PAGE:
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					         Tragedy

An Introduction for English IV
   Aristotle’s Poetics
A tragic character is one who is usually highly
renowned and prosperous, who comes to
misfortune because of some weakness or error
in judgment (hamartia). This error has several
possible sources: a miscalculation or
misunderstanding, a lack of knowledge,
ignorance of family relationships, or hubris.
         Tragic Flaw
Because of this error, or “tragic flaw,” the tragic
characters isolate and destroy themselves.
Because they possess many fundamentally
virtuous qualities, their destruction is a waste of
potential good. Yet in dying they triumph over
the madness and darkness within themselves
and gain a degree of insight into their dilemma.
  Fate and Free Will
Even if the hero is subject to the relentless,
inexorable qualities of human fatality, the
downfall is the result of choice, not the result of
pure accident or villainy or some overriding
malignant force. Accident, villainy, or fate may
contribute to the downfall but only as
cooperating agents.
            Recognition
Aristotle identifies an important tragic moment
(anagnorisis), the recognition or discovery, a
revelation of some fact not known before or
some person’s true identity. Modern critics
have taken the term to mean the terrible
enlightenment that accompanies such a
recognition. “To see things plain—that is
anagnorisis. It is what tragedy ultimately is
about: the realization of the unthinkable.”
          Catharsis
According to Aristotle, the audience pities the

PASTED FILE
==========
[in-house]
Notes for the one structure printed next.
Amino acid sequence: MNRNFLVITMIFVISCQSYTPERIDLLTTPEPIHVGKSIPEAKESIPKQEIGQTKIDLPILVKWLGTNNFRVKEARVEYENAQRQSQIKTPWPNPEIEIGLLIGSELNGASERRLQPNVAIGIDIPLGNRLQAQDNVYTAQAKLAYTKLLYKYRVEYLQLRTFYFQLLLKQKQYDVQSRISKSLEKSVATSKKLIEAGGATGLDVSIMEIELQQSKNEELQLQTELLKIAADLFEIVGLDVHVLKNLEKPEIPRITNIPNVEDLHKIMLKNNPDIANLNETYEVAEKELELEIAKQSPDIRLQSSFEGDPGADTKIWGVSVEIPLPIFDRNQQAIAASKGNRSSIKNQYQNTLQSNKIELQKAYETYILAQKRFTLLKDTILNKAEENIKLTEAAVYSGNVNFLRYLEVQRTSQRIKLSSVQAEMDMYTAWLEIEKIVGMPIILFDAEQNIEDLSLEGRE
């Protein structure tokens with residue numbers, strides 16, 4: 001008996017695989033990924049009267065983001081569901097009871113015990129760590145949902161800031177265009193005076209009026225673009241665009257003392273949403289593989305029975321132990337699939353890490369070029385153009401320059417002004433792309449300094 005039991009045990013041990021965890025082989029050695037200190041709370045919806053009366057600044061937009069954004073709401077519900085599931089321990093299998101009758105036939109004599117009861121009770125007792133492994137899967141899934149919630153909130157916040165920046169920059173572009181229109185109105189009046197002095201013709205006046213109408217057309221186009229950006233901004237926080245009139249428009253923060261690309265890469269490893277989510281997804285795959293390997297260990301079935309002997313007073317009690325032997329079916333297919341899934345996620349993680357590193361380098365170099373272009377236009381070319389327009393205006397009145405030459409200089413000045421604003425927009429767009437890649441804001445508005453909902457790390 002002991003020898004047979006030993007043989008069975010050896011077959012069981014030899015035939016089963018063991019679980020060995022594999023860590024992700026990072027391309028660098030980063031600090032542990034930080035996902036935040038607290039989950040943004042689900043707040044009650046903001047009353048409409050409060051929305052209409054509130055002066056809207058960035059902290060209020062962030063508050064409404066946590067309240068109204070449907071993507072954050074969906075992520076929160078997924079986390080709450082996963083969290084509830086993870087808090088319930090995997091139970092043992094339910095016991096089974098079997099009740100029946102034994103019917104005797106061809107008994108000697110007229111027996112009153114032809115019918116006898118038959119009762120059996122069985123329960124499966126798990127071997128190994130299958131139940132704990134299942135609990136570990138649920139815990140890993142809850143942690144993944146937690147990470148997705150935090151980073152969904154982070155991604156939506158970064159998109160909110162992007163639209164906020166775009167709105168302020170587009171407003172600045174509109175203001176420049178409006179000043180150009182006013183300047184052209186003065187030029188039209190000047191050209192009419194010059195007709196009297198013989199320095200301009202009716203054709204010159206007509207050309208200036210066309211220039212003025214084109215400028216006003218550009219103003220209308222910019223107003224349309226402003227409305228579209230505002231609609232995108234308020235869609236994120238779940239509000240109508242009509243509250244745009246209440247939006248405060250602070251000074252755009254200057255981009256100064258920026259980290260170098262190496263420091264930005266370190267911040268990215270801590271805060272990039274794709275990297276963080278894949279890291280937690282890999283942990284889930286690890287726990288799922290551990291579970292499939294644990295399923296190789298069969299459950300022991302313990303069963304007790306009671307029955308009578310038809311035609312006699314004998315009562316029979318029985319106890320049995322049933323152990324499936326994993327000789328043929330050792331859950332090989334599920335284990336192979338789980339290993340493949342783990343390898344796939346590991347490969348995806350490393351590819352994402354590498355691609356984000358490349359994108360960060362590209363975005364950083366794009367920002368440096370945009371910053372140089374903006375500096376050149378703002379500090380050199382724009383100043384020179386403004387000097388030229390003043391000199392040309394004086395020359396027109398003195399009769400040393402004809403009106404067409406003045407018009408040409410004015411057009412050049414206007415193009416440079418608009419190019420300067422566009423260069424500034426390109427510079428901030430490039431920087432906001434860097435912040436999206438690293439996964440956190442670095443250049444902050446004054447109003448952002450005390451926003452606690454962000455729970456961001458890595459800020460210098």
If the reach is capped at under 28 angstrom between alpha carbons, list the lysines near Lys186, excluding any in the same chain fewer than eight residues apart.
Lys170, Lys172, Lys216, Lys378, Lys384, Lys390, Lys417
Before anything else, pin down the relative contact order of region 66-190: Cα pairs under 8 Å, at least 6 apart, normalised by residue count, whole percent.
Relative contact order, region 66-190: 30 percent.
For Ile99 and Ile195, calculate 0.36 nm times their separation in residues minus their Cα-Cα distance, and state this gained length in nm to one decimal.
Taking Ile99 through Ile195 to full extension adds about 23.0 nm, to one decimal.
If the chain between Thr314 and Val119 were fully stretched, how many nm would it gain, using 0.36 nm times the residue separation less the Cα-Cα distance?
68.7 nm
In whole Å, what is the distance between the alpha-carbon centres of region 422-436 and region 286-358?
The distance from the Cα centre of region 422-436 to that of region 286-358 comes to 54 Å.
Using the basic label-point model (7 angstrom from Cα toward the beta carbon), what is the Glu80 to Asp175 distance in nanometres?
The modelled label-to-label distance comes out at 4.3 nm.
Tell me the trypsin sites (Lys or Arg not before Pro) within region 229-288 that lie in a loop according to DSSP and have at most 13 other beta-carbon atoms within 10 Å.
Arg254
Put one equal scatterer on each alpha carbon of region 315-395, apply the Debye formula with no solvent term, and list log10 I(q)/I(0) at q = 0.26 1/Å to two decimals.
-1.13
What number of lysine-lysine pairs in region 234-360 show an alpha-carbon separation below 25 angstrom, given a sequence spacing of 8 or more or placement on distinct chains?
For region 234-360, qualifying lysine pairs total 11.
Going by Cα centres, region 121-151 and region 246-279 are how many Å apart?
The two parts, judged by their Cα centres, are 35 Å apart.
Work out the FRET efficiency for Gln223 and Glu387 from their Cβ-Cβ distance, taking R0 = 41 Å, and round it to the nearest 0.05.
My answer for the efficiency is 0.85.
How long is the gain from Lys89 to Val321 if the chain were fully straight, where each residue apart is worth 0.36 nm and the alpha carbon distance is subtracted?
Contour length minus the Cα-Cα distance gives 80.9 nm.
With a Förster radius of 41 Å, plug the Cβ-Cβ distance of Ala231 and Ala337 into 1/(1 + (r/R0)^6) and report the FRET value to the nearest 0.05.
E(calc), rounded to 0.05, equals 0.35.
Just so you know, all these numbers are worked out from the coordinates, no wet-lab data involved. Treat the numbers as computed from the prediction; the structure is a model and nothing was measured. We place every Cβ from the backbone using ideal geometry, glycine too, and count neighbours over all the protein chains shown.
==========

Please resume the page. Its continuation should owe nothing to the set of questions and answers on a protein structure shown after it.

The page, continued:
central character and fears being in the same
predicament. In the end, we feel purged of
these emotions and learn something from these
incidents, since their larger, universal
significance is clear.
            Wisdom
In the end the tragic character is fallen in
worldly state but uplifted in moral dignity. With
the fall of the hero and his gain in wisdom or
self-knowledge, there is, besides the appalling
sense of human waste, a fresh recognition of
human greatness, a sense that human life has
unrealized potentialities. Both the hero and the
audience gain understanding from his defeat.
           Happy Endings?
“I believe the writers who get the most lasting
   response from readers are the writers who
   offer a happy ending through moral
   development. By a happy ending, I do not
   mean mere fortunate events—a marriage or
   last-minute rescue from death—but some
   kind of spiritual reassessment or moral
   reconciliation, even with the self, even at
   death.”--British novelist Fay Weldon
                Sources
• The World of Tragedy, John Kimmey
  and Ashley Brown
• Perrine’s Literature, Thomas Arp
• Literature: An Introduction to Fiction,
  Poetry, and Drama, X.J. Kenney and
  Dana Gioia
• Tragedy, Clifford Leech
• Poetics, Aristotle

				
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posted:7/27/2011
language:English
pages:9